A report by Ken Spencer for the Virginian-Pilot.
If you’ve ever been to Colonial Williamsburg, you may have wondered why the pineapple is such a prominent design element in the architecture and art. During the holiday season, the fruit is particularly conspicuous, found just about everywhere along Duke of Gloucester Street.
Ditto in Colonial towns all along the Eastern Seaboard – Edenton, New Bern, Charleston and Savannah.
What was the big deal with the pineapple in the Colonial day? The story starts a good bit earlier and in another place. The first recorded encounter between the Old World and the pineapple likely occurred in 1493, on Christopher’s Columbus’ second voyage to the Caribbean. Side note: You can thank Columbus for that orange in your stocking, too, as he brought citrus to the New World on this same voyage. In a deserted Carib village, on the island of Guadeloupe, he and his sailors discovered, enjoyed and wrote of their new discovery. The fruit is believed to have originated in the islands off the coasts of Brazil and Paraguay. It was transported to the Caribbean by Carib Indians, who called it “anana” meaning “excellent fruit.” Spaniards saw the resemblance to pine cones and chose to call it “pina.” Much later, when it came time for a proper binomial, Linnaeus named it Ananas cosmosus.
In Columbus’ day, back in the Old World, sweetness was something quite hard and expensive to find. And it was also addictive. Refined sugar from cane was imported from the Middle East or Far East at enormous expense. Fresh fruit was a rare and expensive commodity, with limited seasonal availability. Enter the pineapple. Instantly, it was a gastronomical celebrity and curiosity to royalty and to horticulturists who would be tasked with producing it. But it would be over two centuries before Europeans would master the art of growing them in hothouses. Until the early 1700s, the fruit remained a rare and coveted commodity, reserved for royalty.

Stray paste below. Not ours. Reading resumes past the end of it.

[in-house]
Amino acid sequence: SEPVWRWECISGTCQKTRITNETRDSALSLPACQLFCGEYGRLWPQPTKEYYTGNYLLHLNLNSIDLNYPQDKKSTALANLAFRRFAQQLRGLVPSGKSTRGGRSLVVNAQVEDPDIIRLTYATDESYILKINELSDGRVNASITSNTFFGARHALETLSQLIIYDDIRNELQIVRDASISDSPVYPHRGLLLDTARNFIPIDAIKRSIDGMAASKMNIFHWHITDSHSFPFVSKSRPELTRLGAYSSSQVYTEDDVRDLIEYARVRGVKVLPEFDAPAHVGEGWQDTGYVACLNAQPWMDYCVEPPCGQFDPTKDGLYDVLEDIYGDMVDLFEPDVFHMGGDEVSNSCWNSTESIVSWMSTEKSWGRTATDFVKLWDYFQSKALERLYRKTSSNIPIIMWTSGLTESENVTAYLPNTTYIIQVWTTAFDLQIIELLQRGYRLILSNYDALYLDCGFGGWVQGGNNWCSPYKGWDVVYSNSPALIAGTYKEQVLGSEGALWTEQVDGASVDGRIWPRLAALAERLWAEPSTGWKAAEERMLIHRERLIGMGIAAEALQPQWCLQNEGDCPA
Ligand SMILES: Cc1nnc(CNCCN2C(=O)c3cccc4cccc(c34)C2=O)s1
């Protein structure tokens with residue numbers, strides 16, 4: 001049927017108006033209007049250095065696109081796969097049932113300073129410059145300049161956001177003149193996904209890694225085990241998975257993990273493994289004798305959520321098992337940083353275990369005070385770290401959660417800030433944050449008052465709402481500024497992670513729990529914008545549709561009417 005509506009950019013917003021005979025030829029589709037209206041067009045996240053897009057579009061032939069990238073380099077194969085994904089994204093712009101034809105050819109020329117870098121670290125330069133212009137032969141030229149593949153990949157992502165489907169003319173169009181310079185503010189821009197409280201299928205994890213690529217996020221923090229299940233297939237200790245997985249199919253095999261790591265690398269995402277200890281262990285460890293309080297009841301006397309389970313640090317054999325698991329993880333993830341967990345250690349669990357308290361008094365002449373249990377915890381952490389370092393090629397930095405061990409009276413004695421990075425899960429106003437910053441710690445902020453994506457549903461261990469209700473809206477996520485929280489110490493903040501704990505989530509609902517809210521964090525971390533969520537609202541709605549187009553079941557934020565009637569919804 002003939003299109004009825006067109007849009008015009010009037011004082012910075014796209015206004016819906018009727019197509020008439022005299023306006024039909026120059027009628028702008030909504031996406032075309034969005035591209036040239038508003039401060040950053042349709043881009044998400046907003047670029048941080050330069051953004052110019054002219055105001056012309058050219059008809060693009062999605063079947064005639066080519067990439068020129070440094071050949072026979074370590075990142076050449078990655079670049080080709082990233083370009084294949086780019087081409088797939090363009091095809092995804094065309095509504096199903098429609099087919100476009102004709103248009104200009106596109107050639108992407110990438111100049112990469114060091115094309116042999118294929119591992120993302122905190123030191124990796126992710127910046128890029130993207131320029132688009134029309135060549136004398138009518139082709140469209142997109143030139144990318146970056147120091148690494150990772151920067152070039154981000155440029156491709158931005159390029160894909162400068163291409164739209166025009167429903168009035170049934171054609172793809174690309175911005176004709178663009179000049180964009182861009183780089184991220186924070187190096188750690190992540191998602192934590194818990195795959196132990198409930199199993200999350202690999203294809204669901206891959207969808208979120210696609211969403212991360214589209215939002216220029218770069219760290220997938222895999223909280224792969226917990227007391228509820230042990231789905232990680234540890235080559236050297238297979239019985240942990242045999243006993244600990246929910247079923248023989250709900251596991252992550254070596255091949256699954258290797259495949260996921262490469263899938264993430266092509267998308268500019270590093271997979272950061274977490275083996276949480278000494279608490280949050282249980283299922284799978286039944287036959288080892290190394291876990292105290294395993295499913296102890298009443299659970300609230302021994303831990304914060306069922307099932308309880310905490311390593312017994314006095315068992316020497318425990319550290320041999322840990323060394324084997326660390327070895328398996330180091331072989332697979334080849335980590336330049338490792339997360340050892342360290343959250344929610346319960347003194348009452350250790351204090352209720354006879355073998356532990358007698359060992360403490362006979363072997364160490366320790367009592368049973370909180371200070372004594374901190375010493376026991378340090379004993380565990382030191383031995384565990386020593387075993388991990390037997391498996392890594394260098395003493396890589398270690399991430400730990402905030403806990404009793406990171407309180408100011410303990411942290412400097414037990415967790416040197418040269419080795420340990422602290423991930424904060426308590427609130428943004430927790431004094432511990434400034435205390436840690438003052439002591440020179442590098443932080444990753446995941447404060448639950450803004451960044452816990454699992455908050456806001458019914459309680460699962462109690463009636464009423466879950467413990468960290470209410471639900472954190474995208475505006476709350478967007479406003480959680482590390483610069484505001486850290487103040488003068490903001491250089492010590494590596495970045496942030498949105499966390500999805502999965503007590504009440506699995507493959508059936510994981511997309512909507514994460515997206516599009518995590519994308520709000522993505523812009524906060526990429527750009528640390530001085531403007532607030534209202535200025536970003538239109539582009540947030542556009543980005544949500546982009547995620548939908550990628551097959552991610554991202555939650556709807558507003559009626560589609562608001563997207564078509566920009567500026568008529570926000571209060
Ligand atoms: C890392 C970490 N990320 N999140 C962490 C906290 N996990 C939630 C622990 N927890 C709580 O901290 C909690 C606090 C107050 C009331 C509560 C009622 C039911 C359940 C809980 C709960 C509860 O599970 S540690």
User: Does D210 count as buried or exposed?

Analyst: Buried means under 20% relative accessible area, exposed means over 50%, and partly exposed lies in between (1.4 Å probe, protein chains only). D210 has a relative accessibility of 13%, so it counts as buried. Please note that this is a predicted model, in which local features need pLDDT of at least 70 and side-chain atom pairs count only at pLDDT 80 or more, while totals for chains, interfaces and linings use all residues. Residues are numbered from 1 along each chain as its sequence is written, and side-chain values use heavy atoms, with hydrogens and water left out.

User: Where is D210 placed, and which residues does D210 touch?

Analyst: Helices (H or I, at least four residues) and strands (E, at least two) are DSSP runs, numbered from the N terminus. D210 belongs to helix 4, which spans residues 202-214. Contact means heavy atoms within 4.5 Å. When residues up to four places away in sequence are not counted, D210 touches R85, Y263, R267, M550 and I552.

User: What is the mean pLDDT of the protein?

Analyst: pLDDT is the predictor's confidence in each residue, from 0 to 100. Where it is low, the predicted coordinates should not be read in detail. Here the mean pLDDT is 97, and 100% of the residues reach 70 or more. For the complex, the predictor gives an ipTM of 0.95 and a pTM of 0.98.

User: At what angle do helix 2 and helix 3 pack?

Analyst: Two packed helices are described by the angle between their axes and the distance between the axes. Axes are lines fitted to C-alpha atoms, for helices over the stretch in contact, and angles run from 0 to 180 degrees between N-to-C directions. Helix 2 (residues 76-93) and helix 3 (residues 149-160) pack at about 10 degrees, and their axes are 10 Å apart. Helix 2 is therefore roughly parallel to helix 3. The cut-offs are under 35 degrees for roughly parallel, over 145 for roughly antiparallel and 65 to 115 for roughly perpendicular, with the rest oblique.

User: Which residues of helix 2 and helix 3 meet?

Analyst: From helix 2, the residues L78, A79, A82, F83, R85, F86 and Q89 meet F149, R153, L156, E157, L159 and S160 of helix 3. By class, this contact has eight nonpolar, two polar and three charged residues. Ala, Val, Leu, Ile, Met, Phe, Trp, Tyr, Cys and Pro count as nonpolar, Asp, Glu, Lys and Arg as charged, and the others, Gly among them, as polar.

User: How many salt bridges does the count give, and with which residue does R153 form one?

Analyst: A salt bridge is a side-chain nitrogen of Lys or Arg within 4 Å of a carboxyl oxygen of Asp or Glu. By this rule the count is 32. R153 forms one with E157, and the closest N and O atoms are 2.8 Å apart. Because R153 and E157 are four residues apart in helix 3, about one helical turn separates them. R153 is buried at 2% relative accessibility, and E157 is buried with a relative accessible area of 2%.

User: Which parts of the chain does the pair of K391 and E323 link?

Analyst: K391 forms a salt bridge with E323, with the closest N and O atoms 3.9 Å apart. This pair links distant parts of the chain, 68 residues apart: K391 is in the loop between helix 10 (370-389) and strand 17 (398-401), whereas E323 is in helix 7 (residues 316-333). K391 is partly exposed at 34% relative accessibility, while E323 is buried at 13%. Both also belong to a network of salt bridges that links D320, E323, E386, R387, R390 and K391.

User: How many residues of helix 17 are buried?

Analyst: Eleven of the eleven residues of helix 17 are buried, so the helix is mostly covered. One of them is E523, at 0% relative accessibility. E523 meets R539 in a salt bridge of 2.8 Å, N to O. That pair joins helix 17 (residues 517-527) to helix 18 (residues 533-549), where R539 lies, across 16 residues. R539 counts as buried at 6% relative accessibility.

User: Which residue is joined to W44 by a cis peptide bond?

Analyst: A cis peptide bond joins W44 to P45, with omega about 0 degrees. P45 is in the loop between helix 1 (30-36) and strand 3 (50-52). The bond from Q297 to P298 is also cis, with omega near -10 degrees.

Back to the New World. England’s Colonies in America were small towns and settlements where homes were the centers of community life. Visiting was the primary social activity and, thus, the art of hospitality, the way in which guests were greeted and the style in which they were entertained, was an important part of daily life. Dining was a central part of the home’s hospitality. Formal dinners were the way in which a hostess would display her family’s social status. Dinners were extravagant competitions between households trying to one-up the other. Fruits, whether fresh, dried or candied, were a major attraction at the feast. Because of its novelty, expense and attractiveness, the pineapple came to be the crown jewel of these important feasts.
While preserved (candied, glazed, or packed in sugar) pineapples were shipped from the Caribbean Islands, it was a tremendous challenge to get whole pineapples to the major Colonial cities before spoilage. Only with a great deal of luck could a fresh pineapple arrive in Boston or Williamsburg – and only at a considerable expense. Colonial confectioners were known to rent a pineapple by the day, and later that same fruit was sold to a more monied client to eat.
Soon, the pineapple fad spread to decoration, as it became a favorite motif of craftsmen, architects and artists throughout the Colonies. While the Colonial- era fad has cooled, to this day, the pineapple remains a symbol of welcome, hospitality and good cheer. The pineapple is a fascinating fruit – we must revisit it, and its botanical curiosities, again in the New Year.